Homily for May 29

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Homily for the Feast of the Body and Blood of Christ
(Scriptures for today's Mass)

Audio for homily

I begin with something that may sound like the introduction
to some weekly crime show on television.
I begin by reminding you that
at the heart of what we do here every week,
there is a body;
there is a broken body:
a victim, an innocent victim,
whose blood has been shed – for us.

Of course, there is, in the heart of our sanctuary, a large crucifix,
with the broken body of Jesus hovering over our prayer.
But I’m speaking more about the broken body of Christ we find
in the Bread of the Eucharist on the altar.
I’m speaking of his Blood spilled for us, some 2,000 years ago,
and now found in the chalice we place on this altar.

Here’s another image of the broken Jesus to ponder.
Think of Michelangelo's great sculpture, the Pieta.
Think of the Mary, the mother of Jesus, holding in her lap, in her arms
the broken body of her crucified son.
Ponder the tenderness, the intimacy of that image...
What Mary’s doing in the sculpture,
we do here every Sunday morning:
with tender reverence, we hold the body of Christ in our hands,
and in an intimate gesture, we not only hold
but we consume his presence,
we take his great love for us into our own bodies
when we receive Communion.

• We approach the gift of the Lord’s broken body
with our own brokenness:
we are broken individuals, we are a broken parish,
ours is a broken Church, we live in a broken world.

• We come here every weekend with:
broken hearts, broken memories, broken promises, broken spirits,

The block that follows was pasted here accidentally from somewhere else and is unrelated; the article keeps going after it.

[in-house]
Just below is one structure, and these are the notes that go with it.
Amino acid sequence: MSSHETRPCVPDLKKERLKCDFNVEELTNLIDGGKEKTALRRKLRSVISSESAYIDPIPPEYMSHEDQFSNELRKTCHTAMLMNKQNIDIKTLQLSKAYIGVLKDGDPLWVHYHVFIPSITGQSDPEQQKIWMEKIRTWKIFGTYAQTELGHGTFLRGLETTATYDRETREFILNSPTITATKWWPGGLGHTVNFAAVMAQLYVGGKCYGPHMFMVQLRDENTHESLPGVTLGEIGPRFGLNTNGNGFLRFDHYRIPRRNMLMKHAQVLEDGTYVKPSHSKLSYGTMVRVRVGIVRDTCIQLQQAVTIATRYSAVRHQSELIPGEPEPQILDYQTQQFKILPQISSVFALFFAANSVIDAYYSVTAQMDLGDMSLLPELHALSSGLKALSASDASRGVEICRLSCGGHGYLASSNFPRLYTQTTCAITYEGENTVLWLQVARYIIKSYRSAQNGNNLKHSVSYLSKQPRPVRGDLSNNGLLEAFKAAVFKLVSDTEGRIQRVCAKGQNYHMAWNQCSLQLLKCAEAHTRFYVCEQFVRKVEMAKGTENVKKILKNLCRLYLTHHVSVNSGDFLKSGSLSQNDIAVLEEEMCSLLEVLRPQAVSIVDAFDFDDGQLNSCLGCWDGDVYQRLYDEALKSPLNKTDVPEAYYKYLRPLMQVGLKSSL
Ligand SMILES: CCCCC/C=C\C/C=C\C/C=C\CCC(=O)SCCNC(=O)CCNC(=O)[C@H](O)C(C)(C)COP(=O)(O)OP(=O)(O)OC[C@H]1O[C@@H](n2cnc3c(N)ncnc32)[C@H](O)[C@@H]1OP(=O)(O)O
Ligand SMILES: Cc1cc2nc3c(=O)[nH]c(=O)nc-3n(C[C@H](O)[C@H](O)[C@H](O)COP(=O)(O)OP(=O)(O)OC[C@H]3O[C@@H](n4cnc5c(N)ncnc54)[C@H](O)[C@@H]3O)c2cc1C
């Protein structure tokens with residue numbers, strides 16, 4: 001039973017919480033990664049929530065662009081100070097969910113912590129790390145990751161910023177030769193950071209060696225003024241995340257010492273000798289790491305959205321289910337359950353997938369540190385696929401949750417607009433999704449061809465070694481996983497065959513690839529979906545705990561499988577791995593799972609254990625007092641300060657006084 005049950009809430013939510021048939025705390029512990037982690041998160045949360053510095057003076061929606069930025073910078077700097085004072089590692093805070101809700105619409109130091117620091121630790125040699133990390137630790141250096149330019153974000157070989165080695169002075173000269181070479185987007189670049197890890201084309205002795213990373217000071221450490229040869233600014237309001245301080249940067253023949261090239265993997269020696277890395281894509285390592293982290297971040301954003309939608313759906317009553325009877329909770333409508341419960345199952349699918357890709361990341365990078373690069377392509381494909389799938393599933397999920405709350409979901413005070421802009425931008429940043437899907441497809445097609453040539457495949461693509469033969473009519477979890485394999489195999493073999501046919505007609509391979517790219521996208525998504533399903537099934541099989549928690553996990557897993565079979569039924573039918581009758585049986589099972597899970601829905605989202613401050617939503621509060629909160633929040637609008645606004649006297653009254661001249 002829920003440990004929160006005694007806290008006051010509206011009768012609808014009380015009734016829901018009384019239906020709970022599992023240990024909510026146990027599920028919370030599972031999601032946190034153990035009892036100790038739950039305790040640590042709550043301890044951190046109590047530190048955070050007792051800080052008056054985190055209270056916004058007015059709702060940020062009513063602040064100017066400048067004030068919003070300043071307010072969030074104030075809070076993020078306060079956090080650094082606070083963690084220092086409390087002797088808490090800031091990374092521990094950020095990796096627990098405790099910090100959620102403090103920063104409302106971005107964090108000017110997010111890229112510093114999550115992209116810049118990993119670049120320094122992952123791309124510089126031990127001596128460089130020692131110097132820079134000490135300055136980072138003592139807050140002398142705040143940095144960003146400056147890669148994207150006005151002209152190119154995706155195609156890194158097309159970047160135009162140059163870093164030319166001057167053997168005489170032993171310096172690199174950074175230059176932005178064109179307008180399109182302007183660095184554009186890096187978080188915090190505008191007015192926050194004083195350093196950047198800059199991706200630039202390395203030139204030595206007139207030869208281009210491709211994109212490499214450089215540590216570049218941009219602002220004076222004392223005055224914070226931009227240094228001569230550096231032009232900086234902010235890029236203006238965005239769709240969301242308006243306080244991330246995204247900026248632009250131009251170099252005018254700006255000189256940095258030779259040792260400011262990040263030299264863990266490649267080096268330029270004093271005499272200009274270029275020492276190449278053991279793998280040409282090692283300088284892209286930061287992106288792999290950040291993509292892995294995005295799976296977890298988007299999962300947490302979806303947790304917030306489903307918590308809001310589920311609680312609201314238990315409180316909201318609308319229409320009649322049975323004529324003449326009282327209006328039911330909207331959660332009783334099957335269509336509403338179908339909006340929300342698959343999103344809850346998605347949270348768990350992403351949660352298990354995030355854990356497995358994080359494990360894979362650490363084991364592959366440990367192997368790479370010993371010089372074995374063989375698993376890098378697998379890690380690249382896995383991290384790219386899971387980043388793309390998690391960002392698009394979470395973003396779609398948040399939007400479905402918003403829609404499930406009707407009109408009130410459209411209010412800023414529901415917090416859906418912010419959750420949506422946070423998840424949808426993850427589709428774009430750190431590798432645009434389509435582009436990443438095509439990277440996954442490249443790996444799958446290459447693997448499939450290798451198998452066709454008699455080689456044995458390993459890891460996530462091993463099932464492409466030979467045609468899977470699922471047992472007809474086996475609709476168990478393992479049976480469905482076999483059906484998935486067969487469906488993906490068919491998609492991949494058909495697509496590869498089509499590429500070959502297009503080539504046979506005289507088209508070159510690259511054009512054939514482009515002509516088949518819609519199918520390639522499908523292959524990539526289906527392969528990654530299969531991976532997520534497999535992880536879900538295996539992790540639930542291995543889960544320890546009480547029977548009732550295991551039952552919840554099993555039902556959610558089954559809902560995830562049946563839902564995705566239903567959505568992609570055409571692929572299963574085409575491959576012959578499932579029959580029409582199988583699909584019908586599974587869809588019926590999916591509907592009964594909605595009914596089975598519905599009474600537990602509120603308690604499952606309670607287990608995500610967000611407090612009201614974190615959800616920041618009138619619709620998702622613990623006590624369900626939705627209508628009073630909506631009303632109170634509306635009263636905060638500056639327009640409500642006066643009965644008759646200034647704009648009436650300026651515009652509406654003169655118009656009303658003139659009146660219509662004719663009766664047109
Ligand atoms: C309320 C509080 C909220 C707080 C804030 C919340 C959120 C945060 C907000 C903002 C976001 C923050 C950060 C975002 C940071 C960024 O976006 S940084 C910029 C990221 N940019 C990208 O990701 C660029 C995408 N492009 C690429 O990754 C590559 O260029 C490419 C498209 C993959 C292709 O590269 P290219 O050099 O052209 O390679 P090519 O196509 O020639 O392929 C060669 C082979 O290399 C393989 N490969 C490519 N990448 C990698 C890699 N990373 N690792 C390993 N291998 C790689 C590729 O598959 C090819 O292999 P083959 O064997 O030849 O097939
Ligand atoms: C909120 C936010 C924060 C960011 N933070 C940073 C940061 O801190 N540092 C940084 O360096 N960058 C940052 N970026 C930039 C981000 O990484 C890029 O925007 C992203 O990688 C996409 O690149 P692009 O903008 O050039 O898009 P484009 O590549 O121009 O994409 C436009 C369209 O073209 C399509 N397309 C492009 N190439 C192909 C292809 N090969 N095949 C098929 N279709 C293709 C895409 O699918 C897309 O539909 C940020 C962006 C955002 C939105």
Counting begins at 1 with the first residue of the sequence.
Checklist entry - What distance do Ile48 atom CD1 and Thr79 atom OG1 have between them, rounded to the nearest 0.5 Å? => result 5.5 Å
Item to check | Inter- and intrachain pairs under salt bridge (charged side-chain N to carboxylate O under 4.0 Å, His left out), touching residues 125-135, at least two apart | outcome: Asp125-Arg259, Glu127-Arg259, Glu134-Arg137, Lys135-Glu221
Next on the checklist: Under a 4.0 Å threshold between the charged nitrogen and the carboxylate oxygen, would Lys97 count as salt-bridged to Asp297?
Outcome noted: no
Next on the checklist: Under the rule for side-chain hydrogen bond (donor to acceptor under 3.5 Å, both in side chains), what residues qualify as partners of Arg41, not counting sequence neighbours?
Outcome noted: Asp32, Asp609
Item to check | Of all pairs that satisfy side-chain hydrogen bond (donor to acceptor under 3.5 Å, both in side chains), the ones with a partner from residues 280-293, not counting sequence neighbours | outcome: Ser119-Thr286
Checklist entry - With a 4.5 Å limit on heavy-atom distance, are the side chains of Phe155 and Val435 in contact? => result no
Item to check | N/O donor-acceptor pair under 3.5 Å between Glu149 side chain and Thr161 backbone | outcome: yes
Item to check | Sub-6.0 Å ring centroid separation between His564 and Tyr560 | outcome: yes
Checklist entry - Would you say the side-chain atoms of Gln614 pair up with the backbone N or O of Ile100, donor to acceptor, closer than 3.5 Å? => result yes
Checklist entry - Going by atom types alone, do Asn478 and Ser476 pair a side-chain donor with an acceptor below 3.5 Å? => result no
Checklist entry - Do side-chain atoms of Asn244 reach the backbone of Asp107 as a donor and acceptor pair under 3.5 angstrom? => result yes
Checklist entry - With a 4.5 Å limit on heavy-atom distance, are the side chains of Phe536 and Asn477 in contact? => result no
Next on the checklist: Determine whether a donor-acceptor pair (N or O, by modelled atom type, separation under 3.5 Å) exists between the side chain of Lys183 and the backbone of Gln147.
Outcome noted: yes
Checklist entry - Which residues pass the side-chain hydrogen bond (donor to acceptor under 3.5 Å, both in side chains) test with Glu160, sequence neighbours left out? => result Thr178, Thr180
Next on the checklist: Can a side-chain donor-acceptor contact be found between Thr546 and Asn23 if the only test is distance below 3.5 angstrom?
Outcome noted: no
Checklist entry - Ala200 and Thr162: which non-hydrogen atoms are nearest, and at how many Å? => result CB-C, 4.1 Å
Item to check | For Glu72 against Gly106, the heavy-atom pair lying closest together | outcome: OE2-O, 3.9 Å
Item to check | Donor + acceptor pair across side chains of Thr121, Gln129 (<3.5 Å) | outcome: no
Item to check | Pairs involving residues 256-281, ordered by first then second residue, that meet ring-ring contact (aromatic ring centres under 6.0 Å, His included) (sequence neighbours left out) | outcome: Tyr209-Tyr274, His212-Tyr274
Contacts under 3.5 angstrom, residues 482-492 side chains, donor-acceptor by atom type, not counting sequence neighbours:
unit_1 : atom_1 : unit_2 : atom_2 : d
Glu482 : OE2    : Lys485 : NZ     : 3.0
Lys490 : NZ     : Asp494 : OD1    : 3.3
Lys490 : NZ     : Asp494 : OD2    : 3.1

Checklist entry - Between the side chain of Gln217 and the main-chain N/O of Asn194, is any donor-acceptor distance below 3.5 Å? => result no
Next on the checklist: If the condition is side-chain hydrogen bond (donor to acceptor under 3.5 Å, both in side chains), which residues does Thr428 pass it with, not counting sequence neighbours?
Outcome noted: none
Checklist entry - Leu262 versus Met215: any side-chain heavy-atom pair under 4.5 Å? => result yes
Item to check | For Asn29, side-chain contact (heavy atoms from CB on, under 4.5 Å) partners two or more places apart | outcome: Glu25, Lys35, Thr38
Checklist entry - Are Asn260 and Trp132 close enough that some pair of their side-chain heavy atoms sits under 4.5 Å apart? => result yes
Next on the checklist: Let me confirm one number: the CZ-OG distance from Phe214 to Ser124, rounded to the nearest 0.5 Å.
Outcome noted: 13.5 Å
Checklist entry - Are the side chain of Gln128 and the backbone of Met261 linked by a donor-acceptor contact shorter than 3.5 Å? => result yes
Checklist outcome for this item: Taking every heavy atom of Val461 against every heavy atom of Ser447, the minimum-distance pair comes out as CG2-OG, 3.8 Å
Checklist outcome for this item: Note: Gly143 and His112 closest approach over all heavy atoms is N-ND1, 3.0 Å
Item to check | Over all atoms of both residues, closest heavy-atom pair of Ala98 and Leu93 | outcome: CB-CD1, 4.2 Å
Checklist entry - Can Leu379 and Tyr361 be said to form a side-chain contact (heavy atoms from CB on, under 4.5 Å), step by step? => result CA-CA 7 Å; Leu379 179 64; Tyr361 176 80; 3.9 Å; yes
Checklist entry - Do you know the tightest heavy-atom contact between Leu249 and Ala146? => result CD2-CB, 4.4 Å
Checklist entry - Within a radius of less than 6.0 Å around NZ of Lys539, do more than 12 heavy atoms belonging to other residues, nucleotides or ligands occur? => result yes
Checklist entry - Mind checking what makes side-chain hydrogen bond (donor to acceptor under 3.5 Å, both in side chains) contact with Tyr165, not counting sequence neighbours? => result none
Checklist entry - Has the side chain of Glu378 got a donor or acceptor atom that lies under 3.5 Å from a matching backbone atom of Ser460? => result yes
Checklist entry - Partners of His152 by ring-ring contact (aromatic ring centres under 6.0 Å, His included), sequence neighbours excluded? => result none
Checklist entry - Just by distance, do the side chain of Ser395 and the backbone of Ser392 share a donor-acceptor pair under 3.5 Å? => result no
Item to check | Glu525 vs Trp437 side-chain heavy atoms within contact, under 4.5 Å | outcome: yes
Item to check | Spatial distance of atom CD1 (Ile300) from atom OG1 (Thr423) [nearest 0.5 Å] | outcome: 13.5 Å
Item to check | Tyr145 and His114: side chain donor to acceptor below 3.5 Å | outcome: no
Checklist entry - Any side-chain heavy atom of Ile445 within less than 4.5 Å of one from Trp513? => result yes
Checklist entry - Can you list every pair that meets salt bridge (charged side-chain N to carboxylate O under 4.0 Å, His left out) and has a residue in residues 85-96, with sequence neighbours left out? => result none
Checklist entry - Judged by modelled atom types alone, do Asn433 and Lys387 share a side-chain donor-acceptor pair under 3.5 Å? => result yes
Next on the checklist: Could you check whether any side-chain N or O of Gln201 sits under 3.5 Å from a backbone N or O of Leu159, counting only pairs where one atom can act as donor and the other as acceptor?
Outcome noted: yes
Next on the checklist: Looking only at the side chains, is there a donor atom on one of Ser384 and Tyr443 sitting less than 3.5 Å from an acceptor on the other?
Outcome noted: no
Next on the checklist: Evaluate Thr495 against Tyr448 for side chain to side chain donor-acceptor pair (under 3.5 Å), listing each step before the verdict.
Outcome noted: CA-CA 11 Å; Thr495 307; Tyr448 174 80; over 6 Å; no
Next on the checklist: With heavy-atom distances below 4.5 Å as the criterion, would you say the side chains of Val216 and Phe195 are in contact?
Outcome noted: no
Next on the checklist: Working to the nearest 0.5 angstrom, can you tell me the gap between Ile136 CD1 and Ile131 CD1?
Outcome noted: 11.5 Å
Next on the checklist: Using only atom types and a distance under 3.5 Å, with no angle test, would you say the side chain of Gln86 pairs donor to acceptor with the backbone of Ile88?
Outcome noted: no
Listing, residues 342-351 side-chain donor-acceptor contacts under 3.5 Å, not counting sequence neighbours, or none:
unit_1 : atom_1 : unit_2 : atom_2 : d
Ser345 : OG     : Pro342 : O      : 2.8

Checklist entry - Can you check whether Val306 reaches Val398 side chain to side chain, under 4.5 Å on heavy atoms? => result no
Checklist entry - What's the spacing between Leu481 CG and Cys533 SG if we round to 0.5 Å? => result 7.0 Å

broken relationships, broken bodies, broken hopes
and broken dreams.

Is there anyone among us who does not bring some brokenness today
to the broken body of Christ?

We, the broken, come to the one who was broken for our sakes,
to share in the simple bread we break in his memory
- all in hope that our brokenness might be healed.

We come to drink from the cup, so that his blood, shed for us,
might transfuse our weakness and helplessness
and course through our hearts and veins
with the promise of healing and new life.

Every time we celebrate the Eucharist,
when we literally lift up the Body and Blood of Christ,
we lift up in him the brokenness in our own lives
and in the lives of our brother and sisters
in our families and community, at work and  at school,
in our nation and around the whole world.

I know the brokenness I carry this morning to the Lord’s Table.
What brokenness did you bring to church today?
What’s in need of healing and mending in your life?
Whatever it is, the Lord is no stranger to it,
no stranger to our pain and sorrow,
he knows well the hurt of a broken body, a broken spirit.

His presence in the Eucharist has for its purpose
what was his work of the cross:
the forgiveness of sins, 
the healing of broken hearts and bodies,
and the promise of peace.

Imagine how much each of us, in our own broken lives, needs
the nourishment, the healing, the forgiveness
that is offered us in the Eucharist at the Lord’s Table.   

Come with your own brokenness to the Lord’s Table today.
I know I come with mine.

Come with hearts open
to the grace, the help that’s ours in Communion with Christ
and with one another.

Come with prayers for our brothers and sisters around the world
whose brokenness is so real and painful,
and so very much cries out for communion with us.

Come and receive the Body and Blood of Jesus
for it is in his brokenness for us
that we are forgiven,
that we are healed
and that we find peace.


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